Air Agency Fines Bottled Water Co.

The California Air Resources Board in July fined DS Waters of America, Inc., $74,250 for violations of the state's clean air laws that require heavy-duty vehicle owners to inspect their diesel fleets.

Violations by DS Waters, a leading bottled water company, occurred in facilities located in Irvine, Lakeside, Orange, Riverside, Santa Ana, Temecula, Chico, Fresno, Manteca, Milpitas, Sacramento, Salinas, San Francisco, Santa Rosa, Bakersfield, Covina, Gardena, Lancaster, Los Angeles, Oxnard and Van Nuys.

The agency's investigation revealed that DS Waters, headquartered in Atlanta, Ga., failed to inspect its diesel truck fleet for excess emissions or document those inspections, as required by law.

"The ARB will continue to enforce clean air regulations throughout California" said agency Chair Mary Nichols. "Each penalty should be taken as a lesson for companies who use non-compliance as a basic business practice."

The California Air Pollution Control Fund, established to mitigate sources of pollution through education advancement and use of cleaner technology, will receive $55,687.50 from the settlement. The remaining $18,562.50 will go to the Peralta Community College District, which funds the statewide diesel technology education training and program for diesel operating staff.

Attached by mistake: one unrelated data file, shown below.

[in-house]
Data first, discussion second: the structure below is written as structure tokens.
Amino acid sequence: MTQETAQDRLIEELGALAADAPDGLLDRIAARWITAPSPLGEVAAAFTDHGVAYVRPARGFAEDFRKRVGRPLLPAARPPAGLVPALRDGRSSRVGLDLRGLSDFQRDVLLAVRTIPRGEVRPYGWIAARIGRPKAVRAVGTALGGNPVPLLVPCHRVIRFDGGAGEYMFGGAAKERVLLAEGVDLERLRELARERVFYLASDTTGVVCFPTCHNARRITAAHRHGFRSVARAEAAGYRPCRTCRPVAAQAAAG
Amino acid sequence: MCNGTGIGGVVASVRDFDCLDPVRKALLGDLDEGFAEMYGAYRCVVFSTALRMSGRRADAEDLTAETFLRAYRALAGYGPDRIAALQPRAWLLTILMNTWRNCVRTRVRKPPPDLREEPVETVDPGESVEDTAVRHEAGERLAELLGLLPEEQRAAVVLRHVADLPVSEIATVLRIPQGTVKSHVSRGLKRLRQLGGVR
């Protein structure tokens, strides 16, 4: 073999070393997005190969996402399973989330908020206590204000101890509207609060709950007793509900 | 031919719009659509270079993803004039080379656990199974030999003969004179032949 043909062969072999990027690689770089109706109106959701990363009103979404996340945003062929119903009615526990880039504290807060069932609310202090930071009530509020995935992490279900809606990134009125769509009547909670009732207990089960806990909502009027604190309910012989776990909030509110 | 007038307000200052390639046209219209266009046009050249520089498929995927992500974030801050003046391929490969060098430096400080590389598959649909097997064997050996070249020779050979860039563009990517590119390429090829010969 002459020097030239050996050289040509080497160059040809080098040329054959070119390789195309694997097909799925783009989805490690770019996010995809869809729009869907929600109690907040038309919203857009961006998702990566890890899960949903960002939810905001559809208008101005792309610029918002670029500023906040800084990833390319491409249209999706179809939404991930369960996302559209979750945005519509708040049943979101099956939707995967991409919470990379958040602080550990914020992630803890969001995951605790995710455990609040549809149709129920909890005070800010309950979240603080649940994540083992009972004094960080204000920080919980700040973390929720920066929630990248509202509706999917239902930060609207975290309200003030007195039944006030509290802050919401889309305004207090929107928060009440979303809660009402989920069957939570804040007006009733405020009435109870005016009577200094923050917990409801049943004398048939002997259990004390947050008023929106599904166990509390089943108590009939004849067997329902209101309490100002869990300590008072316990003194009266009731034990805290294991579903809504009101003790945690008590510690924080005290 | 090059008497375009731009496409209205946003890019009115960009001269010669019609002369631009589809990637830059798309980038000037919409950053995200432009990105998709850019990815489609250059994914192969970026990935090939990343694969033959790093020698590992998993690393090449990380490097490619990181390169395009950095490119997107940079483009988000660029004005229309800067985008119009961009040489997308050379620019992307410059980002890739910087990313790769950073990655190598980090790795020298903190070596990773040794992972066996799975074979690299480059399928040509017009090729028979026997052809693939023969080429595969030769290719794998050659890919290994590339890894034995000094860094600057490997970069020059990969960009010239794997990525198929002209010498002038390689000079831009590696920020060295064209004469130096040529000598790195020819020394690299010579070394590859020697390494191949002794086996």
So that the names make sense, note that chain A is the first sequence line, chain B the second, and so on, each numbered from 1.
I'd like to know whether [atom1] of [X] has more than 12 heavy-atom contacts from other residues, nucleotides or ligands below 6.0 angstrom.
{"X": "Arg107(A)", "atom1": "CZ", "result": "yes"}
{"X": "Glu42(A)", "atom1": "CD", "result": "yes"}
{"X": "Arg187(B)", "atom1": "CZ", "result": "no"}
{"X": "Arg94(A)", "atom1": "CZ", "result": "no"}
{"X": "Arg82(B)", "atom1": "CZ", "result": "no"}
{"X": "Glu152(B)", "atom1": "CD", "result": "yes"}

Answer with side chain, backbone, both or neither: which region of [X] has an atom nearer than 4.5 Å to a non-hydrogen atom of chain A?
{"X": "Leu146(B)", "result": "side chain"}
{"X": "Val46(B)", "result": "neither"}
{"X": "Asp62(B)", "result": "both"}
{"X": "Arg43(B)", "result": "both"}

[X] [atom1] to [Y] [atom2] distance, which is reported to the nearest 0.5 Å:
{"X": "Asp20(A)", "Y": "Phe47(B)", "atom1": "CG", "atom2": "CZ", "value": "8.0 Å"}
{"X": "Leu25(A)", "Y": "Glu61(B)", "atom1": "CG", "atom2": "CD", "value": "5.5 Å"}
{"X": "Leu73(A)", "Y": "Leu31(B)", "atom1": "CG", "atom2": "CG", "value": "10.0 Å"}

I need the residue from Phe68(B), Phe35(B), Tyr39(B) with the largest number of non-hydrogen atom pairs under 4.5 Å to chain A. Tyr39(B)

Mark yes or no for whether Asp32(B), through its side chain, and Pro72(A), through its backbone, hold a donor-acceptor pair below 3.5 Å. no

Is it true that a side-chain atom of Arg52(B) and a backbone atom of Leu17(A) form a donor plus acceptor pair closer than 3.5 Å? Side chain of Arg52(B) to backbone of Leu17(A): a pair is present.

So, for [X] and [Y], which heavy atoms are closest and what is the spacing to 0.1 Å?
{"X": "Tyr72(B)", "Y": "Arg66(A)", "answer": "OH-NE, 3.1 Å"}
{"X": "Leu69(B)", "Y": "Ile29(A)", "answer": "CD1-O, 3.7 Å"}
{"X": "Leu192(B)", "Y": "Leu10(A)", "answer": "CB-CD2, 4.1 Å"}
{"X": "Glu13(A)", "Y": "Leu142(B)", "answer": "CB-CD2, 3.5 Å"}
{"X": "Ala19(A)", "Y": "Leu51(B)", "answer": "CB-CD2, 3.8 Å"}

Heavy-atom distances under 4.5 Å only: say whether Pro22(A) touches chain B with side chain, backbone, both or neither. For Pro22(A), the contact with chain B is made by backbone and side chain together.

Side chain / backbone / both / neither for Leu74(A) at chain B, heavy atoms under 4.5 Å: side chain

In addition to the fine, DS Waters has agreed to ensure that all staff responsible for the compliance with state regulations attend the community college diesel emissions education courses and provide proof of completion within one year. DS Waters must provide copies of all compliance records for 2008 and the subsequent four years, and maintain proof that each vehicle in its fleet meets emissions standards at least as stringent as the federal standards, and maintain its engine labels for Low NOx/reflash compliance. Finally, the company's vehicle operators will be instructed to comply with state idling regulations.

Each year in California, diesel particulate matter contributes to an estimated 2,900 premature deaths, 3,600 hospital admissions, 240,000 asthma attacks and respiratory symptoms, and 600,000 lost workdays. Overall, diesel engine emissions are responsible for the majority of California's potential airborne cancer risk from combustion sources.

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